Of the many perennials residing in my garden, five stand out as definite keepers. These favourites have been returning reliably year after year and grow trouble-free with little interference or effort on my part. Plus, they look great all season, require no staking and, touch wood, appear to be bunny-proof.
1. Dictamus albus ‘Rosea’ (Gas Plant): From its showy spikes of star shaped pink flowers with burgundy veins followed by interesting seed heads, it’s a winner. Dictamus has glossy, dark green foliage and grows to to three feet high. It forms a neat clump which grows best in full sun and well-drained soil. Note: Some people may react to the oil in the foliage, so wear gloves when handling the plant, especially on sunny days.
2. Kirengeshoma palmata (Yellow.Waxbells): This plant has exotic-looking, maple-shaped leaves and grows 36 to 48 inches on sturdy stalks. The tubular yellow flowers brighten up a woodland setting in late summer. It grows well in semi shade and a rich, moist woodland soil.
3. Aruncus aethusifolius (Dwarf Goat’s Beard): This little gem is a great addition to the front of a border or rockery. It forms a low mound of ferny foliage with creamy white astilbe-like spikes in June. Aruncus prefers rich, moist soil in shade or semi shade.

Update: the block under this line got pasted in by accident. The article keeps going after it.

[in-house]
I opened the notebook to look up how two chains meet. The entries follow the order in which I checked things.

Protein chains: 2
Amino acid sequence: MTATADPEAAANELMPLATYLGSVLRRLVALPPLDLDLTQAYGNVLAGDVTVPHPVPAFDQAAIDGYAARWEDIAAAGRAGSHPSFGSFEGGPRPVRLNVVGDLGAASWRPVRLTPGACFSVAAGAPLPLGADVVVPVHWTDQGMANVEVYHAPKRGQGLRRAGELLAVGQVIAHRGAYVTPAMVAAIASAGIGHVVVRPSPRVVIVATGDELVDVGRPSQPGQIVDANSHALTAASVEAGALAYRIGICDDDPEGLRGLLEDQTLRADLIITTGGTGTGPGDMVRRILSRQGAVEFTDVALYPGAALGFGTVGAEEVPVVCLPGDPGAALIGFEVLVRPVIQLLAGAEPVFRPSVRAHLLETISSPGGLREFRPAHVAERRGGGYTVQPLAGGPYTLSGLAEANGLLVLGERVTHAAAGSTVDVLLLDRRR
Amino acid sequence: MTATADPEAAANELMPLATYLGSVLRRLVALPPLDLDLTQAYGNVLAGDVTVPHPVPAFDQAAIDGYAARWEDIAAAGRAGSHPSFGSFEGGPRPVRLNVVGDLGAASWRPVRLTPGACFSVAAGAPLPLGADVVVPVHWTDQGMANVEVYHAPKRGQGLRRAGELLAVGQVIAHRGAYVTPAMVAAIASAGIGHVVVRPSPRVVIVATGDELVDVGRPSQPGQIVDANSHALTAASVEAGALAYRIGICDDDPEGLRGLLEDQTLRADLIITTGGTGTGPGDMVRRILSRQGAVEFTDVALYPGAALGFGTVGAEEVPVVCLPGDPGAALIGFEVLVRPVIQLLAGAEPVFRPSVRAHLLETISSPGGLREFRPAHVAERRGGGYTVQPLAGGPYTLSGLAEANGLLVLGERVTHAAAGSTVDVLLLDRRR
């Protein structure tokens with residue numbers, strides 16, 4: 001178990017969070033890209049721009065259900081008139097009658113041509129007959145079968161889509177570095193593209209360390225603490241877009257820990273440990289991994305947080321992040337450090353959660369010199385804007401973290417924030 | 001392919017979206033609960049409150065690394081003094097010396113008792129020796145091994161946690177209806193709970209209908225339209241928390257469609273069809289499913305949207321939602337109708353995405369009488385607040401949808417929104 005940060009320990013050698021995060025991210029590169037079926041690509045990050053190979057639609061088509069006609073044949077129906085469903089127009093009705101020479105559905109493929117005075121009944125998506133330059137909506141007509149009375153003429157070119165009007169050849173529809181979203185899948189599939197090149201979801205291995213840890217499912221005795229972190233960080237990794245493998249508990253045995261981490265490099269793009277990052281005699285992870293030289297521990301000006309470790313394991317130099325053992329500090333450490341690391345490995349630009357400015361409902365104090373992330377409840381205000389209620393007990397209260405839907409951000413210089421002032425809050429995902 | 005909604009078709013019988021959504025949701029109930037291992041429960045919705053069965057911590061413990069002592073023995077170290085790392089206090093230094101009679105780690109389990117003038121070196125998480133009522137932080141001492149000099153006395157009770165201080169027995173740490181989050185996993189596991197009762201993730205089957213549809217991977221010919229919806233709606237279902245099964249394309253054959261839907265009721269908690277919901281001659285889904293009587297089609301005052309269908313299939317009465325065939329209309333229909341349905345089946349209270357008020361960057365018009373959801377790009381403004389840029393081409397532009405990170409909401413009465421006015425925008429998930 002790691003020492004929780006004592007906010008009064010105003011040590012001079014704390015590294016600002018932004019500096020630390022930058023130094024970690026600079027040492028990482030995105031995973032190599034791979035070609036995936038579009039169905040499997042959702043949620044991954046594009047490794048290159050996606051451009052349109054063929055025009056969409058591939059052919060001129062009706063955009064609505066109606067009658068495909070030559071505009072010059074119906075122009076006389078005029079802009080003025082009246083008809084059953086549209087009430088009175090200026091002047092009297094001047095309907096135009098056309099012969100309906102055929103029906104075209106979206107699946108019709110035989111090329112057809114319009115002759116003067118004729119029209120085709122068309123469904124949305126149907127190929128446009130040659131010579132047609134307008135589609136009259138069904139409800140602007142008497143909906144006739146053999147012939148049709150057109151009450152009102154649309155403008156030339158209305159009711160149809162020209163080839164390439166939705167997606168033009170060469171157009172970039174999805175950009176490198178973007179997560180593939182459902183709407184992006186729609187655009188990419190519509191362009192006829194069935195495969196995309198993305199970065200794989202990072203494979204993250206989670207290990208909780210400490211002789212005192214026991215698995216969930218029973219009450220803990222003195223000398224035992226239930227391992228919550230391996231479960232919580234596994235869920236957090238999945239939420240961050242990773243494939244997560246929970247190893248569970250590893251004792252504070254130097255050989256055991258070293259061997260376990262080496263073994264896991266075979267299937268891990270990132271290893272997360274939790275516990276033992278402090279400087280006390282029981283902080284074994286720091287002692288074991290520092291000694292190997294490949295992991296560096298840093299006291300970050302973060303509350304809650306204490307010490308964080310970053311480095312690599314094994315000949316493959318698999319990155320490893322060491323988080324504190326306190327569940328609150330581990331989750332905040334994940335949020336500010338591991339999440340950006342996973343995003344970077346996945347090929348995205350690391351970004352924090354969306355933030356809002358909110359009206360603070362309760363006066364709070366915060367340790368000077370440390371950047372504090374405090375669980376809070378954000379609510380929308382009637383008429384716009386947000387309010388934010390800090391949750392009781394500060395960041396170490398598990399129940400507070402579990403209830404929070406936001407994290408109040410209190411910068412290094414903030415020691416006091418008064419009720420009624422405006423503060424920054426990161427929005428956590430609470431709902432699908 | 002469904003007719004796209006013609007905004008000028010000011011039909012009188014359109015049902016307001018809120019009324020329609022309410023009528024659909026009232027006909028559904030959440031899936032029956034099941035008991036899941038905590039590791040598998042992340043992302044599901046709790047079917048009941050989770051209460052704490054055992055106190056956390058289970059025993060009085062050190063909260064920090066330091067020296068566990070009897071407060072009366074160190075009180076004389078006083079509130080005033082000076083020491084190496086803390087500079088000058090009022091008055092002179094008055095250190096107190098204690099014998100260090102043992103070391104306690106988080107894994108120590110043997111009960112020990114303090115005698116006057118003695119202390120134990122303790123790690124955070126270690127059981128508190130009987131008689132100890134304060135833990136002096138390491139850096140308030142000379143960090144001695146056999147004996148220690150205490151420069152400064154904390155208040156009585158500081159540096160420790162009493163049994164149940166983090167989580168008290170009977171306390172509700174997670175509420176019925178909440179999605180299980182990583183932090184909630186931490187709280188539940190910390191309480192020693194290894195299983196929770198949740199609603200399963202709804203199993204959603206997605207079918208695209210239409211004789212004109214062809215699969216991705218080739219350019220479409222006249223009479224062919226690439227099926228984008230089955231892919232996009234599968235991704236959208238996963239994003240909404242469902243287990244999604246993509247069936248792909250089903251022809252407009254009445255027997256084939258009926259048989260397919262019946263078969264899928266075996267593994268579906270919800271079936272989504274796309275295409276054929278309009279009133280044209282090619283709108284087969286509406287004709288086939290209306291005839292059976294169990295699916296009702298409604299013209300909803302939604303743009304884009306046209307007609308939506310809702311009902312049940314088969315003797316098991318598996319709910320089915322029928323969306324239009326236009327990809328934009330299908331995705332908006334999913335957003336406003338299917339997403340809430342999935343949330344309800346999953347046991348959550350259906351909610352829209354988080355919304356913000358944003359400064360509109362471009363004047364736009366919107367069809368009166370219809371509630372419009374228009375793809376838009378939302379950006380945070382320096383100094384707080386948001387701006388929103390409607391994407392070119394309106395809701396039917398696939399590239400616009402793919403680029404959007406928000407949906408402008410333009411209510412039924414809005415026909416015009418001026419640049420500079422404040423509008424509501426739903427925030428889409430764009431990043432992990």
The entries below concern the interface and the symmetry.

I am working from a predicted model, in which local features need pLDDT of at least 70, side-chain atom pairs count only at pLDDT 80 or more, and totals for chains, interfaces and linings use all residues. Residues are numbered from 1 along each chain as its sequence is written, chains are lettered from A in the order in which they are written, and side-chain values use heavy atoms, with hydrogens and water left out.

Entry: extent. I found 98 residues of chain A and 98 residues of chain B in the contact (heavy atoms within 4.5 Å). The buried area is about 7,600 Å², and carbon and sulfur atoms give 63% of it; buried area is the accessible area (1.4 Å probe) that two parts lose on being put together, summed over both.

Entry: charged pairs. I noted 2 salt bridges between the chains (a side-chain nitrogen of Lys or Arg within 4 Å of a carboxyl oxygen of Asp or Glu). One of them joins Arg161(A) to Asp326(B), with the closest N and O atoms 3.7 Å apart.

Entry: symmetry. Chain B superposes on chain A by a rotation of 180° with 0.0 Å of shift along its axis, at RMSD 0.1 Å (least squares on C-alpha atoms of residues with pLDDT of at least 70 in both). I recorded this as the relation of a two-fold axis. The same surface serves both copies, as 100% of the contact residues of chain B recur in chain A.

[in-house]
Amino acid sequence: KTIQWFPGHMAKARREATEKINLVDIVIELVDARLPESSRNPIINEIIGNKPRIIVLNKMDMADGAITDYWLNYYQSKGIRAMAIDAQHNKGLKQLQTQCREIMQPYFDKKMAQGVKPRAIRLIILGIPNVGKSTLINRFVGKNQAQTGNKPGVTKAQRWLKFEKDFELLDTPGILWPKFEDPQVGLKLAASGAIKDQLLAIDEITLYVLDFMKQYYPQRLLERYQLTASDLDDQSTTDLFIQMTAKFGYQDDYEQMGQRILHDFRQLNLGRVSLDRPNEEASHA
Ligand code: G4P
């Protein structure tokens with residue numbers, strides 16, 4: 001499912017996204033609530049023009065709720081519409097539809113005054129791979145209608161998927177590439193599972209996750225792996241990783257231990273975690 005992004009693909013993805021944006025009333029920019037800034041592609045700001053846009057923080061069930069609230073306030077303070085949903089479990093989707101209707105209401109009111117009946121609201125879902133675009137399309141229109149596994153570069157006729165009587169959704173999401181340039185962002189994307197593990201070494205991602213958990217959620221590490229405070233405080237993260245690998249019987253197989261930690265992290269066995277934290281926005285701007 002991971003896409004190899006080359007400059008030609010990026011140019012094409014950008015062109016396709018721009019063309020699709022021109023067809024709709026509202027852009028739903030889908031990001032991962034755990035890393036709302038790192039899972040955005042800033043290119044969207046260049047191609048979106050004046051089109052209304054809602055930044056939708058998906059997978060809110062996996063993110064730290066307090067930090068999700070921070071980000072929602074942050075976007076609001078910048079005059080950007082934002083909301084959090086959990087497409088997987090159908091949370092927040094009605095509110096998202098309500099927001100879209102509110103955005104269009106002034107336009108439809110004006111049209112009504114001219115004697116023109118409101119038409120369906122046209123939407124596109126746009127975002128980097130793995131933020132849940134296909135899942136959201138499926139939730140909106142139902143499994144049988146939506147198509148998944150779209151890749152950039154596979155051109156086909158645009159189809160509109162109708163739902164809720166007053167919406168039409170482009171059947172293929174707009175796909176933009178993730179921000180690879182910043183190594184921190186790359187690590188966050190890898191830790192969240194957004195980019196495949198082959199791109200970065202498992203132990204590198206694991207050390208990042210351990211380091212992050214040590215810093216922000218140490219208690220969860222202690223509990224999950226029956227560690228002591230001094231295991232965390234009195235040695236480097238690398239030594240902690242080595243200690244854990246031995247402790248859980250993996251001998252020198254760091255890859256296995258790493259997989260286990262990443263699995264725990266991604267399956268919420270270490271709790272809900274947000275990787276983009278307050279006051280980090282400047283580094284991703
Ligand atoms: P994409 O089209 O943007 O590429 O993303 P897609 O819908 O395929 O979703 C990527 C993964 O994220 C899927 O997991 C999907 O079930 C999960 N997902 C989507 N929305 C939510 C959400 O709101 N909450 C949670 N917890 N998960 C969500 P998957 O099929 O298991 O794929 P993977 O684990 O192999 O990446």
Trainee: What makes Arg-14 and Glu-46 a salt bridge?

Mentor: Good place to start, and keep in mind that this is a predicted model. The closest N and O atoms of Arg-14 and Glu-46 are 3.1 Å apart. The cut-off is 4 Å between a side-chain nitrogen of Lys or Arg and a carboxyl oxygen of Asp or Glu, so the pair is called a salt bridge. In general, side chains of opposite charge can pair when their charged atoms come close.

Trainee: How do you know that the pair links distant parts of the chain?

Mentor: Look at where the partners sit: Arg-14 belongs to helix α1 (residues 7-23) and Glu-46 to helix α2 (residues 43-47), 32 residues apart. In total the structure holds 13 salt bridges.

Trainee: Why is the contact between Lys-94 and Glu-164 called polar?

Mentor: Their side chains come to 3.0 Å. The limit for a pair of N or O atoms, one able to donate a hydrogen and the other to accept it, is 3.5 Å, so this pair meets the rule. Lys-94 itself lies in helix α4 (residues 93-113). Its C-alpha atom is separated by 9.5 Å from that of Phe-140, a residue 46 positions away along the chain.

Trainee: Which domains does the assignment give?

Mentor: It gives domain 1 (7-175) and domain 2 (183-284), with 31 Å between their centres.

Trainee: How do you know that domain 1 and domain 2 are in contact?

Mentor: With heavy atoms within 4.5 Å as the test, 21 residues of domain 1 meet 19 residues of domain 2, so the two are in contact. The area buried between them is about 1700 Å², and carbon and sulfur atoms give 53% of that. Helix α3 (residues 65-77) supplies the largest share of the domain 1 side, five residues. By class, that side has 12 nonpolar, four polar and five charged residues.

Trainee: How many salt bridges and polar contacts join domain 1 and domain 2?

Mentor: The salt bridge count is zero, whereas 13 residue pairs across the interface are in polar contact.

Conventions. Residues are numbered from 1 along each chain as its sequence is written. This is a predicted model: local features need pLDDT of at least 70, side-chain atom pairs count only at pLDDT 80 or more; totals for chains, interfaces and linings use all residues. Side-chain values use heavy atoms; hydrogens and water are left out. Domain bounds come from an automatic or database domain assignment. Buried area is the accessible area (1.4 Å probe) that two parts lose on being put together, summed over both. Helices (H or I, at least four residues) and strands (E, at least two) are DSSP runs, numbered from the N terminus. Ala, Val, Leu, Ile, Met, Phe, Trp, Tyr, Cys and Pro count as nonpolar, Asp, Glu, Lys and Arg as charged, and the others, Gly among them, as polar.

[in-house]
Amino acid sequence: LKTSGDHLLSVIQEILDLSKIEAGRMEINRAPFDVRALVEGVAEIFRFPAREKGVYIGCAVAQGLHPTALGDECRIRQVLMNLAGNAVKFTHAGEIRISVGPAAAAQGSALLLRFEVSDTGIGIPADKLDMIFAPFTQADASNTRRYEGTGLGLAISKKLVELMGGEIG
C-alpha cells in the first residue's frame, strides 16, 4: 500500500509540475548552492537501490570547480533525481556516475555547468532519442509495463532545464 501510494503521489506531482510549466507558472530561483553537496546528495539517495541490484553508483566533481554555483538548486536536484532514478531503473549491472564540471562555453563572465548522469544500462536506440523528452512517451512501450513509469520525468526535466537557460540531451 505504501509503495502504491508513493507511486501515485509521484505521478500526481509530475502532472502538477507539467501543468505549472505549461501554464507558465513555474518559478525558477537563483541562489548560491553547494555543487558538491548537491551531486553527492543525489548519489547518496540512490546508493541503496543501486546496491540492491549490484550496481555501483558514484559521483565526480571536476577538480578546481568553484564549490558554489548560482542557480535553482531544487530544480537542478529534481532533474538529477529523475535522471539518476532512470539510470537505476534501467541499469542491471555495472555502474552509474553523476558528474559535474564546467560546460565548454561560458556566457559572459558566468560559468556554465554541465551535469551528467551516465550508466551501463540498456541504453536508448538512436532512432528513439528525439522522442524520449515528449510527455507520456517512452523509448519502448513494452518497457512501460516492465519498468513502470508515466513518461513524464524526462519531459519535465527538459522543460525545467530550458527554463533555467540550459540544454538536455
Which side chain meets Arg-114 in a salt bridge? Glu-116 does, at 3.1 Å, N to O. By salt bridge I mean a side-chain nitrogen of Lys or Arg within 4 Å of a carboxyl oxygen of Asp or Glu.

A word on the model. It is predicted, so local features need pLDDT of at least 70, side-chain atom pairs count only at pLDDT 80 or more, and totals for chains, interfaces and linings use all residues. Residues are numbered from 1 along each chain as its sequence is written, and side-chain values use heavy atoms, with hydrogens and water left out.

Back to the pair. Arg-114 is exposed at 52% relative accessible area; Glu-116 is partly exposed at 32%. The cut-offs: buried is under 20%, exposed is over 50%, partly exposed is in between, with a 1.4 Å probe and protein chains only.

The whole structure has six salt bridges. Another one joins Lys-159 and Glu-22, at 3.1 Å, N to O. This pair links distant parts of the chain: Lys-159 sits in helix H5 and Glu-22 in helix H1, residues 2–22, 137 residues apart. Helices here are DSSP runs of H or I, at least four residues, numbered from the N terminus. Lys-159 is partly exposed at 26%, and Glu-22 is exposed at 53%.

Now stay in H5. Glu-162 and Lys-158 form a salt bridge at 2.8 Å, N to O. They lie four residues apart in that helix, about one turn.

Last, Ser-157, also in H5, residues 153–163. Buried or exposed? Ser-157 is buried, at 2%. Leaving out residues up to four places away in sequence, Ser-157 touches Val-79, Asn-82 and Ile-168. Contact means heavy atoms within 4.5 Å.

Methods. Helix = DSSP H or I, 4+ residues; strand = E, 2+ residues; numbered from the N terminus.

4. Anthyrium niponicum ‘Pictum’ (Japanese Painted Fern): This loveliest of ferns grows in sturdy low clumps of arching fronds. Its olive-green foliage, highlighted with silver, sparkles in the semi-shade settings it prefers.
5. Hosta ‘Halcyon’: The thick blue green leaves of this hosta are slug resistant and over time form a dense mound in the garden. Mine are thriving in a bed they share with blueberry bushes, a dwarf fothergilla, hydrangeas, bleeding hearts and columbines.
So, if you have a bare spot here or there in the garden one of my favourites might be worth a try.
Growing Green is a regular feature prepared by the Mount Hamilton Horticultural Society (gardenontario.org/site.php/mhhs). Helen MacPherson, vice-president, wrote this report.